Within the Lally School of Management, students will study the organizational consequences of COVID-19 by examining companies that have been dramatically impacted by the virus and consumer behavior as a result of the pandemic.

For instance, Gaurav Jain, an assistant professor of marketing, will use the pandemic as an example of how corporate communications can and should be more nimble.

“The pandemic has made people more prevention-focused,” Jain said. “Marketing messages need to be in line with mindset.”

Students in the School of Architecture will be examining the configuration of critical infrastructure in a future marked by the possibility of more frequent pandemics, the rapid deployment of prefabricated housing in times of crisis, and post-pandemic work environments, among other areas.

Fleet Hower, a lecturer in the School of Architecture with expertise in computational methodologies, will be teaching an urban data and GIS course that will look at pandemic-related urban data, changes in people’s behaviors, and responses to possible metropolitan interventions.

By incorporating innovative teaching methods that enable students throughout the Institute to consider the problems posed by the COVID-19 pandemic from a range of perspectives and disciplines, Rensselaer will be creating a cohort of problem-solvers prepared to thrive in a changing world. This campus-wide effort highlights the power of the New Polytechnic, the interdisciplinary model that drives teaching and research at Rensselaer.

“Rensselaer faculty lead by example when it comes to preparing students to address global challenges,” said Prabhat Hajela, the provost of Rensselaer. “By design, our curriculum emphasizes real-world applications and meaningful engagement with the outside world. The global pandemic has presented new and unique challenges. Addressing them in our instruction and research will help prepare the next generation of talent that will be on the frontline of developing solutions and leading new discoveries.”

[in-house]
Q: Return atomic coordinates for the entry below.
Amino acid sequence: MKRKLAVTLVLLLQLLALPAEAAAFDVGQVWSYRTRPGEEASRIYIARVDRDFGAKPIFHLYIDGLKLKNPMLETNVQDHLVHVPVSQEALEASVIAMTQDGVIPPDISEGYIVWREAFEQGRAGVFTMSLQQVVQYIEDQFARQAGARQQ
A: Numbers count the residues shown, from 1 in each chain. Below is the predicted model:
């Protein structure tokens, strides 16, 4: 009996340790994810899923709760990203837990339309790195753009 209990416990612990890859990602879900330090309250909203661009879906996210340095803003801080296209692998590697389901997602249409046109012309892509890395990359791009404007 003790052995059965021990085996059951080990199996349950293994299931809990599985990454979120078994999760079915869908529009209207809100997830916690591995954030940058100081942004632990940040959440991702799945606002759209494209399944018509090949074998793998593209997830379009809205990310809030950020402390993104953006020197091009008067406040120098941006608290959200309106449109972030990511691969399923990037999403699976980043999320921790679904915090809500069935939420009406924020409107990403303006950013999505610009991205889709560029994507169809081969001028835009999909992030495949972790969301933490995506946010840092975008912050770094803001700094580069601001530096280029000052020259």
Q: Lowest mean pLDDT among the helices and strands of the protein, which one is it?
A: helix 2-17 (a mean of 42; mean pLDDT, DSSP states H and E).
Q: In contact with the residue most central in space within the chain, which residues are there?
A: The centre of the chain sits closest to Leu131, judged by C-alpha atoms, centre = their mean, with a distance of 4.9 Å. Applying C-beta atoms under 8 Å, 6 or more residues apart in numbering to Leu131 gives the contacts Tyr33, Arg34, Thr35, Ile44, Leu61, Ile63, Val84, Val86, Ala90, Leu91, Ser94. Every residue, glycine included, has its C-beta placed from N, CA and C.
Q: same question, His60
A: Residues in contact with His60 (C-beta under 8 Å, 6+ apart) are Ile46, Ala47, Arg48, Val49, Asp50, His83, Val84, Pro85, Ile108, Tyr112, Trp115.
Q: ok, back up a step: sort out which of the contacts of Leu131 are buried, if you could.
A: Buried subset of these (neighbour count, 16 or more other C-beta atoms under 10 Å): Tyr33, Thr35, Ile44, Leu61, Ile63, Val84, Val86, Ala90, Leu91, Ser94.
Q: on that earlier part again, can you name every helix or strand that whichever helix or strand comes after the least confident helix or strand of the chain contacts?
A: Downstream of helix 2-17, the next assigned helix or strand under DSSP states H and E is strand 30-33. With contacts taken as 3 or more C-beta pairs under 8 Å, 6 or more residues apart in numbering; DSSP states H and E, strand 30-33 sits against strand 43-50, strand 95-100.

Contact

Reeve Hamilton
Director of Media Relations and Communications

(518) 833-4277
hamilr5@rpi.edu

For general inquiries: newsmedia@rpi.edu

About Rensselaer Polytechnic Institute

Founded in 1824, Rensselaer Polytechnic Institute is America’s first technological research university. Rensselaer encompasses five schools, 32 research centers, more than 145 academic programs, and a dynamic community made up of more than 7,600 students and more than 100,000 living alumni. Rensselaer faculty and alumni include more than 145 National Academy members, six members of the National Inventors Hall of Fame, six National Medal of Technology winners, five National Medal of Science winners, and a Nobel Prize winner in Physics. With nearly 200 years of experience advancing scientific and technological knowledge, Rensselaer remains focused on addressing global challenges with a spirit of ingenuity and collaboration.